imageAbstract: Data were evaluated to determine the benefit of extragenital screening among men who have sex with men in detecting chlamydia/gonorrhea infections. More than seventy percent of chlamydia infections and >80% of gonorrhea infections would have been missed with urine testing alone in the course of a year. Extragenital testing is critical for identifying sexually transmitted diseases among men who have sex with men. 05/01/2016 01:00 AM
 

Examining the Correlates of Sexually Transmitted Infection Testing Among Men Who Have Sex With Men in Ouagadougou and Bobo-Dioulasso, Burkina Faso

imageBackground: Men who have sex with men (MSM) are a population at risk for HIV acquisition and transmission and other sexually transmitted infections (STIs). In Burkina Faso, the prevalence of HIV among MSM is higher than that of other reproductive-aged adults. Early and frequent STI testing and treatment can help prevent HIV acquisition and transmission and may improve linkage to care. Methods: A cross-sectional study used respondent-driven sampling of MSM in the urban centers of Ouagadougou and Bobo-Dioulasso, Burkina Faso, to complete a questionnaire and HIV and syphilis testing. The binary-dependent variable in these analyses was self-reported prior STI testing in the past 12 months. Independent variables included sociodemographic characteristics, sexual behaviors, and psychosocial factors, selected according to the modified social ecological model. Bivariate associations at the P < 0.05 level were used to create a manual forward stepwise multivariable logistic regression. Results: Seventy-six percent of participants (511/672) did not test for STIs in the last 12 months. Testing for STIs was associated with STI symptoms (odds ratio [OR], 2.56; 95% confidence interval [95% CI], 1.39–4.76) and independently associated with depressive symptoms (adjusted OR, 1.49; 95% CI, 1.01–2.20) and discussing HIV and STIs with main male partners (adjusted OR, 1.73; 95% CI, 1.23–1.76). Conclusions: These data suggest that periodic targeted STI screening for MSM in Burkina Faso may represent an important component of comprehensive HIV prevention programming. The relationship between depression and STI risks is well established, and these data further indicate that screening for depression may be warranted during these clinical encounters. 05/01/2016 01:00 AM
 

Molecular Subtyping and Surveillance of Resistance Genes In Treponema pallidum DNA From Patients With Secondary and Latent Syphilis in Hunan, China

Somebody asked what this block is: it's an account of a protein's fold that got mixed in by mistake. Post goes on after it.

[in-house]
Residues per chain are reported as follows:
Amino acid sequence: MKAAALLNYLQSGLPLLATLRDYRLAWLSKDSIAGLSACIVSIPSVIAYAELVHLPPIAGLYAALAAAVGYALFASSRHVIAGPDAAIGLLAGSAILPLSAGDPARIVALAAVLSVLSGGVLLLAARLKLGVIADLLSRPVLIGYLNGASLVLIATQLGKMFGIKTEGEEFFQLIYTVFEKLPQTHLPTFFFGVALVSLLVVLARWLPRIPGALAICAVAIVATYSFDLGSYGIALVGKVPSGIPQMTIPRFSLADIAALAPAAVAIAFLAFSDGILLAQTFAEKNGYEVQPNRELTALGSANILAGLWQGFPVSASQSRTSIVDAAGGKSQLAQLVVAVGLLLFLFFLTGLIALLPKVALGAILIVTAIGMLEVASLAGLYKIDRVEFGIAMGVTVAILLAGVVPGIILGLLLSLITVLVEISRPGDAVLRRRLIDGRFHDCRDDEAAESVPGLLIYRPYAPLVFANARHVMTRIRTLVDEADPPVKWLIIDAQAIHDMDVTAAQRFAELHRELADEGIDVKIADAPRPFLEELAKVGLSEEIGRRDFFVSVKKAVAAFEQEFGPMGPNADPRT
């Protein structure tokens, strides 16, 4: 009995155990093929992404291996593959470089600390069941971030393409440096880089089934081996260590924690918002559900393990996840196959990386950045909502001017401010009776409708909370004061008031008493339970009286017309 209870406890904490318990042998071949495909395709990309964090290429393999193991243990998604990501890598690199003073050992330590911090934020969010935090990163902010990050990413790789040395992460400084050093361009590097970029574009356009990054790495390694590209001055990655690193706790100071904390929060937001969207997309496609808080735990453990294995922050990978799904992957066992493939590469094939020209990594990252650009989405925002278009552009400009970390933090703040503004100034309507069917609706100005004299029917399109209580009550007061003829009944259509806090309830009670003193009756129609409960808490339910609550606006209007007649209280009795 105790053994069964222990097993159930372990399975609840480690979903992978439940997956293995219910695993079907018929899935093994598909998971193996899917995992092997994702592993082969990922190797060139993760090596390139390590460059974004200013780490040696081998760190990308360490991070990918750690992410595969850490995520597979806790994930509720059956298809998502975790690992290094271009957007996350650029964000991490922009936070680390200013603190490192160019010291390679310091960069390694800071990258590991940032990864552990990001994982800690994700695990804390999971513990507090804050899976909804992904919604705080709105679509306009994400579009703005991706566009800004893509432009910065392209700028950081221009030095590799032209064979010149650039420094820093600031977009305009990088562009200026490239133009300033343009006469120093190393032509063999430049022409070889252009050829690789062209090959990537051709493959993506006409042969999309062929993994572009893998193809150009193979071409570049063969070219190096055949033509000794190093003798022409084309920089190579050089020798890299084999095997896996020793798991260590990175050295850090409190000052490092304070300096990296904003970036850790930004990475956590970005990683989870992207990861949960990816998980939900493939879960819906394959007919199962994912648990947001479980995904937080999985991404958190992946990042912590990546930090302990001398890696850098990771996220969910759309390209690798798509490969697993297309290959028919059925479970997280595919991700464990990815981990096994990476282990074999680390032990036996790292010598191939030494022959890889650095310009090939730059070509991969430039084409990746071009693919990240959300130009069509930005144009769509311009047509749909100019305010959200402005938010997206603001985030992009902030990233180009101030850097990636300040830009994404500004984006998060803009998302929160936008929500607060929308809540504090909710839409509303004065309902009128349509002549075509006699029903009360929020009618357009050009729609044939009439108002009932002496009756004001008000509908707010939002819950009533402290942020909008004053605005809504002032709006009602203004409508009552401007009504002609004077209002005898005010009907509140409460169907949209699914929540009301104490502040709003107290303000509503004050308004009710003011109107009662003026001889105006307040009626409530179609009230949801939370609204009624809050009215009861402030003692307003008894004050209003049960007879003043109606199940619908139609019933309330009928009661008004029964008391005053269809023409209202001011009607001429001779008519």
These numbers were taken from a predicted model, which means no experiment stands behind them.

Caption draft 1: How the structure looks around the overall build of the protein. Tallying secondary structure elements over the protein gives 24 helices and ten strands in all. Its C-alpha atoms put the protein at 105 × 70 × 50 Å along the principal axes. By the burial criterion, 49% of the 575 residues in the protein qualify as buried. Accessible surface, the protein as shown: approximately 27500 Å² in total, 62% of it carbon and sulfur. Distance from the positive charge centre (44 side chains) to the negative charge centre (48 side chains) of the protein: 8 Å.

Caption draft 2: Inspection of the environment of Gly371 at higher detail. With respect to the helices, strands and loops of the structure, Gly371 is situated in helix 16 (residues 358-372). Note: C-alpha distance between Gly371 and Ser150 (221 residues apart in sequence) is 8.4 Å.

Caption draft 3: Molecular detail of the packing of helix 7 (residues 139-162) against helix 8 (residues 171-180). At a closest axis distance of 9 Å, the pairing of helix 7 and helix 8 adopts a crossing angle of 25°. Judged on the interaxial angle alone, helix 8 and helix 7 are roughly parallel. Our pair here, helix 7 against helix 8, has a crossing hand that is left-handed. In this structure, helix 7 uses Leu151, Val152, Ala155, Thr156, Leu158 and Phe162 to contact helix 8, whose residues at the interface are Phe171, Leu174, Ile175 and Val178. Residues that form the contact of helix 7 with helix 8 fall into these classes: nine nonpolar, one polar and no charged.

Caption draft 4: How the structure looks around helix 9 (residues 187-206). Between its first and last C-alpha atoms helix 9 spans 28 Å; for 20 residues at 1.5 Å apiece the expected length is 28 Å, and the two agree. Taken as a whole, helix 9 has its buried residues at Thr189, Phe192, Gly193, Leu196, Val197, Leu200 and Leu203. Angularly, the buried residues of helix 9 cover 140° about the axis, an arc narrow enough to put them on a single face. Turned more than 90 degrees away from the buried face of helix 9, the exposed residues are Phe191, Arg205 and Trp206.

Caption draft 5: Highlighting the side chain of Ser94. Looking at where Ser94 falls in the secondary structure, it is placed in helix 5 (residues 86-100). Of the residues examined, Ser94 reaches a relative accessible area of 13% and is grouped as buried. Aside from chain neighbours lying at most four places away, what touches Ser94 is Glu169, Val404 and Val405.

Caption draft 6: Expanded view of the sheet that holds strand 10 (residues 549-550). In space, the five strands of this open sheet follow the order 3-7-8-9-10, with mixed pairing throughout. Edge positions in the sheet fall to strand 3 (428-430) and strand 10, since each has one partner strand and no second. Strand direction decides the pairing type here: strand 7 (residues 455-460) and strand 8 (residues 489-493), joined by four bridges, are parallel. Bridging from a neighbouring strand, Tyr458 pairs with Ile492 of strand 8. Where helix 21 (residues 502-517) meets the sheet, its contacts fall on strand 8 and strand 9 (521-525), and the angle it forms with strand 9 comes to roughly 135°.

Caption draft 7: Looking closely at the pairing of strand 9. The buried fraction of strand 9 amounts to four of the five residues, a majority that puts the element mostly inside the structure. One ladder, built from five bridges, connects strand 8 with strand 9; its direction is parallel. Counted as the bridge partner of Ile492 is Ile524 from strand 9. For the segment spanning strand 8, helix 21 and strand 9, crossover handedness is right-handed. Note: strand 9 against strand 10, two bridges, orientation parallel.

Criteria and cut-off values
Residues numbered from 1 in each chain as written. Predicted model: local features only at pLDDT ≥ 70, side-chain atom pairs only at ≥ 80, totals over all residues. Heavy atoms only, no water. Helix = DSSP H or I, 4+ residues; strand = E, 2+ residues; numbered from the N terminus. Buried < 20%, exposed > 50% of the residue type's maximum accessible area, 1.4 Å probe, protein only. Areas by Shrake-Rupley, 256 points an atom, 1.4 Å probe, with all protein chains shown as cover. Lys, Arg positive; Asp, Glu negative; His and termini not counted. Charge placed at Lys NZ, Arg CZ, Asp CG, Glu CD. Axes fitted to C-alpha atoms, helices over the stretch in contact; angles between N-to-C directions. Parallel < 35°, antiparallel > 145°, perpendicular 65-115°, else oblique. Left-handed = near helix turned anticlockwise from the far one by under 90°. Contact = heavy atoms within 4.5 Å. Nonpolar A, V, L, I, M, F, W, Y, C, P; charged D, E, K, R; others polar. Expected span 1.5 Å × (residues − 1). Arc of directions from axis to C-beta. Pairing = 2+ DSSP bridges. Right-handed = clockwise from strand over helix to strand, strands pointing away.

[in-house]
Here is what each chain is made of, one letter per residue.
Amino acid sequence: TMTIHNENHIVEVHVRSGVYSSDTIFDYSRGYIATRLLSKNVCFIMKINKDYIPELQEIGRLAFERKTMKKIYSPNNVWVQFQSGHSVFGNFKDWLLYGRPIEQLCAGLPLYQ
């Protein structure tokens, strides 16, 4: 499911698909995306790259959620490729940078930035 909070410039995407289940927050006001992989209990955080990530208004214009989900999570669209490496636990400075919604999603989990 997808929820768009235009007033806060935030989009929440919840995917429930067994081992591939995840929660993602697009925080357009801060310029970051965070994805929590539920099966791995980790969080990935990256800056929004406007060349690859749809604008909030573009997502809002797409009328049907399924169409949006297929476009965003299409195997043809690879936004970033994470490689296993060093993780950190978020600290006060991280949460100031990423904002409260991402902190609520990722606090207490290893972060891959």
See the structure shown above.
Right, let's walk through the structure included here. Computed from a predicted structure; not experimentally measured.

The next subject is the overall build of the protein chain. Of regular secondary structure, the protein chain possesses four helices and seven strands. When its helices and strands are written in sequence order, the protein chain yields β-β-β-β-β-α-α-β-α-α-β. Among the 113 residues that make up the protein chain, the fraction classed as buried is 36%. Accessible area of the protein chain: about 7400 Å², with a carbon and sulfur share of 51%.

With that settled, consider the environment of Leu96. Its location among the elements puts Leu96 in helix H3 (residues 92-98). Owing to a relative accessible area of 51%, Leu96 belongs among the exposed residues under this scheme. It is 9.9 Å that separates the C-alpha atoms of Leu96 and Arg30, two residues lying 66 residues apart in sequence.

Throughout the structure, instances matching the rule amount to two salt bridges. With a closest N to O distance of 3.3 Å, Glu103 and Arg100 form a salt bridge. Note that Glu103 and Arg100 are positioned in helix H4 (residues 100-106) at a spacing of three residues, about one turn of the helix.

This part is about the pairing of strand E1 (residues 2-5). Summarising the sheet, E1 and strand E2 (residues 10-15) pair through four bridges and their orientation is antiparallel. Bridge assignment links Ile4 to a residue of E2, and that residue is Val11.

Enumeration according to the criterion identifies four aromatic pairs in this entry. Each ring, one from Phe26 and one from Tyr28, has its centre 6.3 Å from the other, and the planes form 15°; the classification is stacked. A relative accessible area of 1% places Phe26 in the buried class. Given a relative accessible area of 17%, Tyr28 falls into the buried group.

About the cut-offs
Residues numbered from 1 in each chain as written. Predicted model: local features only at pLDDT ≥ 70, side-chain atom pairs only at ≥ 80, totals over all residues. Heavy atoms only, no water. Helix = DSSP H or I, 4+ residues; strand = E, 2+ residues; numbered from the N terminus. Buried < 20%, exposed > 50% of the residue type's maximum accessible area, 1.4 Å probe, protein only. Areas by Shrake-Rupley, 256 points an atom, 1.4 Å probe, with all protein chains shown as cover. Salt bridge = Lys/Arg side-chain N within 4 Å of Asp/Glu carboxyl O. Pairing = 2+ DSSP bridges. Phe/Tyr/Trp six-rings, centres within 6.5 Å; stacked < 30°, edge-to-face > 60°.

imageBackground: Over the past decade, the incidence of syphilis and widespread macrolide resistance in its etiological agent, Treponema pallidum subsp. pallidum, have become a major health concern across countries, including China. Regional trends in subtypes and antibiotic resistance can be monitored effectively by molecular surveillance programs. In this study, whole blood samples were used to assess circulating T. pallidum strains collected from various regions of Hunan, China, between 2013 and 2015. Methods: Traditional polymerase chain reaction, targeting polA, tpp47, bmp, and tp0319 genes, was used as preliminary screening assay. About 455 polymerase chain reaction-positive specimens were obtained from 2253 whole blood samples of patients with secondary or latent syphilis. Molecular subtyping was performed using a Centers for Disease Control and Prevention–based typing method combined with an analysis of the variable region of tp0548 gene. Resistance to macrolides was analyzed by examining point mutations in 23S rRNA, and the presence of the G1058C point mutation within 16S rRNA associated with decreased susceptibility to doxycycline was assessed. Results: Circulating T. pallidum strains were resolved into 32 subtypes, among which subtype 14d/f was predominant. A2059G mutation in 23S rRNA, and the G1058C mutation in 16S rRNA was absent, but the prevalence of A2058G mutation in 23S rRNA was 97.5%. Conclusions: We found that it is possible to use whole blood to evaluate molecular subtypes and monitor antibiotic resistance in circulating T. pallidum strains, especially when chancres are absent. High frequency of macrolide-resistant T. pallidum indicates that macrolide antibiotics, such as azithromycin, should be avoided as a treatment option for syphilis in Hunan, China. 05/01/2016 01:00 AM